Montana natives Tina and Tracey Morin have devoted their lives to providing assistance, care, and prayer to individuals seeking support at The Salvation Army Butte Service Extension Center.
Butte (Montana) Service Extension Center Coordinator Tina Morin and her twin sister Tracey Morin run the Service Center together. They identify the most urgent needs within the community and devise strategies to address them. Formerly attorneys, they sought a career change to expand their community service on a larger scale than before.
“We knew there was more for us to do,” said Tracey Morin. “We knew that God wanted us to help more. As attorneys, we can help 10 or 15 people a year. Here, Tina is helping hundreds a month, and that’s super fulfilling.”
The pair distinguishes between individuals who need immediate assistance with essentials such as food, shelter or transportation and those who require ongoing case management and sustained access to resources.
Butte, situated in rural Southwestern Montana, rests within the Silver Bow Creek Valley and is surrounded by the Highland and Pioneer Mountains. The mining industry in Butte took root in the 1860s and thrived through the 1880s. Drawn by the promise of jobs and financial prospects, many arrived with their families and needed charitable services.
According to Intermountain Divisional Commander Major Nesan Kistan, Butte was once a Salvation Army hub for those working in the mining industry.
“Butte, Montana, was a critical trading center when the mines in Butte were in full swing,” said Kistan. “The Salvation Army developed a presence there, and Butte became the site of our historic, original divisional headquarters.”
Although the need to support mine workers lessened, the Service Extension Center continues to provide needed social services in the remote region, positioned 68 miles away from Helena, the next nearest city.
“The Service Extension Center caters to at least four surrounding counties and seven towns,” said Tina Morin. “We’re also 20 minutes from the Montana State Prison and 100 yards from a Greyhound bus station.”
The duo has worked to pinpoint populations that lacked essential support and resources.
“Tina and Tracey represent the very ethos and DNA of The Salvation Army,” said Kistan. “I’ve seen them in action as they pray with people, and they minister to people. They’re not just giving food and assistance. They’re giving Christ to people that are most vulnerable.”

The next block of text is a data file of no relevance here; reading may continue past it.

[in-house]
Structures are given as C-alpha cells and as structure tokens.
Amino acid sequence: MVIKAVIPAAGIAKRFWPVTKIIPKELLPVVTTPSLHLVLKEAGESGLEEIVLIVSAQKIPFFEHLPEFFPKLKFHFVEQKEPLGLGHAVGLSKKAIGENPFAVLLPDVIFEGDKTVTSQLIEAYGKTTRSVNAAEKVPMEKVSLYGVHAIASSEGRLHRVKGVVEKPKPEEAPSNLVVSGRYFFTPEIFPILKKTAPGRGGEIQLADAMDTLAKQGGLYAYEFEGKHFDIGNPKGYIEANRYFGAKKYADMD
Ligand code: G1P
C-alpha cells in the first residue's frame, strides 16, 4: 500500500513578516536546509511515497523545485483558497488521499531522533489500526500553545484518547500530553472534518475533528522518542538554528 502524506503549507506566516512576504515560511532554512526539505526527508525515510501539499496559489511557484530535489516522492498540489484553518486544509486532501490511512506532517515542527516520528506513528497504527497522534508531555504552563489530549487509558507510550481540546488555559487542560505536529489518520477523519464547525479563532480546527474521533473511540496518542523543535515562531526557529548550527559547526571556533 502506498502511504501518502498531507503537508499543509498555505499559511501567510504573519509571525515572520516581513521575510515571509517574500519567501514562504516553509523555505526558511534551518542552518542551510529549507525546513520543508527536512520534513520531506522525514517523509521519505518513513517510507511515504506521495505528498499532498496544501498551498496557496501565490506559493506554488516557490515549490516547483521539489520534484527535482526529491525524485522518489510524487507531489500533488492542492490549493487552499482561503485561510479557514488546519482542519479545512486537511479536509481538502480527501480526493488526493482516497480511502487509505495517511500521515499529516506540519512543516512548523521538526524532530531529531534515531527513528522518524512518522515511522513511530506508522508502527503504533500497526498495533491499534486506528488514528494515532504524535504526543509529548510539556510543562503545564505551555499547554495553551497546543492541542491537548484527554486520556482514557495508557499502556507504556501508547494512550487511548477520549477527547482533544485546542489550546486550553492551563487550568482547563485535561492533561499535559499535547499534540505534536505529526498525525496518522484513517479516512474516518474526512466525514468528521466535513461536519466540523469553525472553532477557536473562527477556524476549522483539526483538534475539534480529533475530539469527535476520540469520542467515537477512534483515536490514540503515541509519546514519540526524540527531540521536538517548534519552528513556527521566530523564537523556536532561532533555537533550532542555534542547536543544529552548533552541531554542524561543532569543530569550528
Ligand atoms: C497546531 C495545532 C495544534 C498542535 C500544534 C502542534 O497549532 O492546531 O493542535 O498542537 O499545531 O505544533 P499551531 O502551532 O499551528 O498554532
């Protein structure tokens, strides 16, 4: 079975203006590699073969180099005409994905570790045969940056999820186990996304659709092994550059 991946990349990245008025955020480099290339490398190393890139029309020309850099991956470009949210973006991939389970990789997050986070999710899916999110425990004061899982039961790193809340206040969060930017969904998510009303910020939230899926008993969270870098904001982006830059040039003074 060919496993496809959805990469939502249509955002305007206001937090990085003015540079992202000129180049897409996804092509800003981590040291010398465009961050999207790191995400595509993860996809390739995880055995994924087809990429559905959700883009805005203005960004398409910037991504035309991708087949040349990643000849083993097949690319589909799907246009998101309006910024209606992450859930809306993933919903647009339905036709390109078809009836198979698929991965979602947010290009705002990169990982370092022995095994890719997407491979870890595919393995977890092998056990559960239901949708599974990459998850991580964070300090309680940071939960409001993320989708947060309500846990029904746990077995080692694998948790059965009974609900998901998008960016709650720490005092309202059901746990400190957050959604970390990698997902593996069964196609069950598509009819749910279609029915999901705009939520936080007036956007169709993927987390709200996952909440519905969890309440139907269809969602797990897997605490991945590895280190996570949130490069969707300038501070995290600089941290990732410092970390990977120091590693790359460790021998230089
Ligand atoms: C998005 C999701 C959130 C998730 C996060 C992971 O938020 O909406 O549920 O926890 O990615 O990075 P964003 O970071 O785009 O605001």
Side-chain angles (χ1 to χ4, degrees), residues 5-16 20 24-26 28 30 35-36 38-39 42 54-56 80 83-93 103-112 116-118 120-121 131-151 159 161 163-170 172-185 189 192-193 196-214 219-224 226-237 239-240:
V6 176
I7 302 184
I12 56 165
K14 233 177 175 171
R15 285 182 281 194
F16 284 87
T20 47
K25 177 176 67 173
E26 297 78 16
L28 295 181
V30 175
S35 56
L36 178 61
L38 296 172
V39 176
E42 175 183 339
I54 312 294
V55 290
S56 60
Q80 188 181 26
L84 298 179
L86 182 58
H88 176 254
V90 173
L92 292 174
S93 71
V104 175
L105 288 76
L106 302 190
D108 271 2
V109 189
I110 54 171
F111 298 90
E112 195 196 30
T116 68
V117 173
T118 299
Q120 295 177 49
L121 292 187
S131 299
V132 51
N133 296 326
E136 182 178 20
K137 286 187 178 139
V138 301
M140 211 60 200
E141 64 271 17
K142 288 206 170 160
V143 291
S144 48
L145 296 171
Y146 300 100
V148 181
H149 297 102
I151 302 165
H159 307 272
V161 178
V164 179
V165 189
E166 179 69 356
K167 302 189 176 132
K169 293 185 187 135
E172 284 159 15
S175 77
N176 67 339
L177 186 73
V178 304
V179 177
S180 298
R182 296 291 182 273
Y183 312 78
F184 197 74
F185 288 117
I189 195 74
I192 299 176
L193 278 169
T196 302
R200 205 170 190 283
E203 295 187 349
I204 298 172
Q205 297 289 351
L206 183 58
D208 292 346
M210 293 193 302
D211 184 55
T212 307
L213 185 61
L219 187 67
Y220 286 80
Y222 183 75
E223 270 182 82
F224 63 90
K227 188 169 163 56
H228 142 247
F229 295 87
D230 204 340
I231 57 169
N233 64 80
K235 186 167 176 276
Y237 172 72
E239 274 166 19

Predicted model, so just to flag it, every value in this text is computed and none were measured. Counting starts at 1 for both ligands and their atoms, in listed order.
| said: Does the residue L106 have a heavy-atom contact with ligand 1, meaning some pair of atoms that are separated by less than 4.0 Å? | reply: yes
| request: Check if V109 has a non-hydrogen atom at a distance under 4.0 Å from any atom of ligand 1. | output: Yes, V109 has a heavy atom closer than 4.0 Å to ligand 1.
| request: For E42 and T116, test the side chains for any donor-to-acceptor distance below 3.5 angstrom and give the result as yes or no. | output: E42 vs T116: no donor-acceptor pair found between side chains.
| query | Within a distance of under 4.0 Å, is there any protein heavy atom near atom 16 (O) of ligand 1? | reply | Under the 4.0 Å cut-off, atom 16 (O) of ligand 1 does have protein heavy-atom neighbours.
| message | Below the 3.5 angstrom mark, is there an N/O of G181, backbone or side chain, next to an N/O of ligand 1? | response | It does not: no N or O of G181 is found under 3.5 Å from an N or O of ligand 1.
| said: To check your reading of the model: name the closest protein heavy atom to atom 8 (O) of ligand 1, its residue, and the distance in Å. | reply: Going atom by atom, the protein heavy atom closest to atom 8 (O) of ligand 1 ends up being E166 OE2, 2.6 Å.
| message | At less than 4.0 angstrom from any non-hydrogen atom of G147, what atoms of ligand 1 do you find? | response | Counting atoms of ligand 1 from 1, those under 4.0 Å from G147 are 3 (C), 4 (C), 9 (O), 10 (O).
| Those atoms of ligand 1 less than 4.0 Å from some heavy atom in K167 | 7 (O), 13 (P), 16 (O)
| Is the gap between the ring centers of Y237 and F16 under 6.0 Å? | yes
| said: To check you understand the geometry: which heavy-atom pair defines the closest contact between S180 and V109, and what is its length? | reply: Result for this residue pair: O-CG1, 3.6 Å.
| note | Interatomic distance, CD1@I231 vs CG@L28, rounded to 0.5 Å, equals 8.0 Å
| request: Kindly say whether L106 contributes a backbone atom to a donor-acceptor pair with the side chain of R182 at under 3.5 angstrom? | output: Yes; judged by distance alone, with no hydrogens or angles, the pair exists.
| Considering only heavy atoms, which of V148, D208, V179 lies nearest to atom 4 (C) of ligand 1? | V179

According to Kistan, the sisters make a deliberate effort to pray with anyone who walks through their doors, and very few decline the offer.
“I think it’s the compassion and dedication, but I think it’s even broader than that,” said Kistan. “I think there is a spiritual light that burns in the room and makes them incredible bosses.”
Tina Morin said that among the underserved populations they have identified, they are actively working on strategies to assist formerly incarcerated individuals, Native Americans, foster children and those without a home.
“Our task was to identify the needs that were sort of falling through the cracks in this community,” said Tina Morin. “The first thing we did was incorporate a homeless day center to create a centralized location where individuals can access resources and services.”
Additionally, the sisters strive to reduce distance-related obstacles and aid the community despite the challenges posed by their relative isolation from larger populations.
“We help people with transportation costs if they’re passing through and need tires, car repairs or fuel,” said Tina Morin.
However, thanks to the Service Center, populations that do require continued care are now receiving a level of service they hadn’t previously experienced.
The team identified a significant Native American population in need of counseling and therapy. As a result, two Native American therapists now visit the center to offer individual counseling services and group talking circles, which follow a Native American tradition of communication in which participants sit in a circle with the mindset that all members are equal and each belongs to the group.
According to Tracey Morin, talking circles are a way for participants to discuss shared experiences and connect with others.
“We’re able to provide safe spaces for everyone so that different populations are comfortable to come see us,” said Tracey Morin.
To meet the needs of foster children in the area, they assist with clothing, birthday parties and basketball camps.
According to Tina Morin, the Service Extension Center’s strong presence in the community has garnered recognition, leading to opportunities for collaborations and partnerships that can expand its reach.
Through a partnership with the Southwest Community Outreach Program, the Service Center assists clients exiting the prison system with obtaining ID and birth certificates—and connects them to the DMV.
Additionally, they collaborate closely with sober living facilities and housing programs across the state.
According to Tina Morin, Tracey Morin is the one who keeps her motivated and passionate about serving the public, even in the face of obstacles.
“Her love and her ability to see people as God sees them is just phenomenal,” she said. “She sees without distinction, without discrimination, but with love and acceptance.”
The sisters’ commitment to each other has aided in fostering a community of inclusivity and compassion, echoing the mission of The Salvation Army to serve in Jesus’ name without discrimination.
Looking ahead, the team plans to continue to be responsive to the evolving dynamics of the community.
“The success of the Service Extension Center in Butte stems from the community’s long-standing presence and vigilant care for one another,” said Tina Morin.
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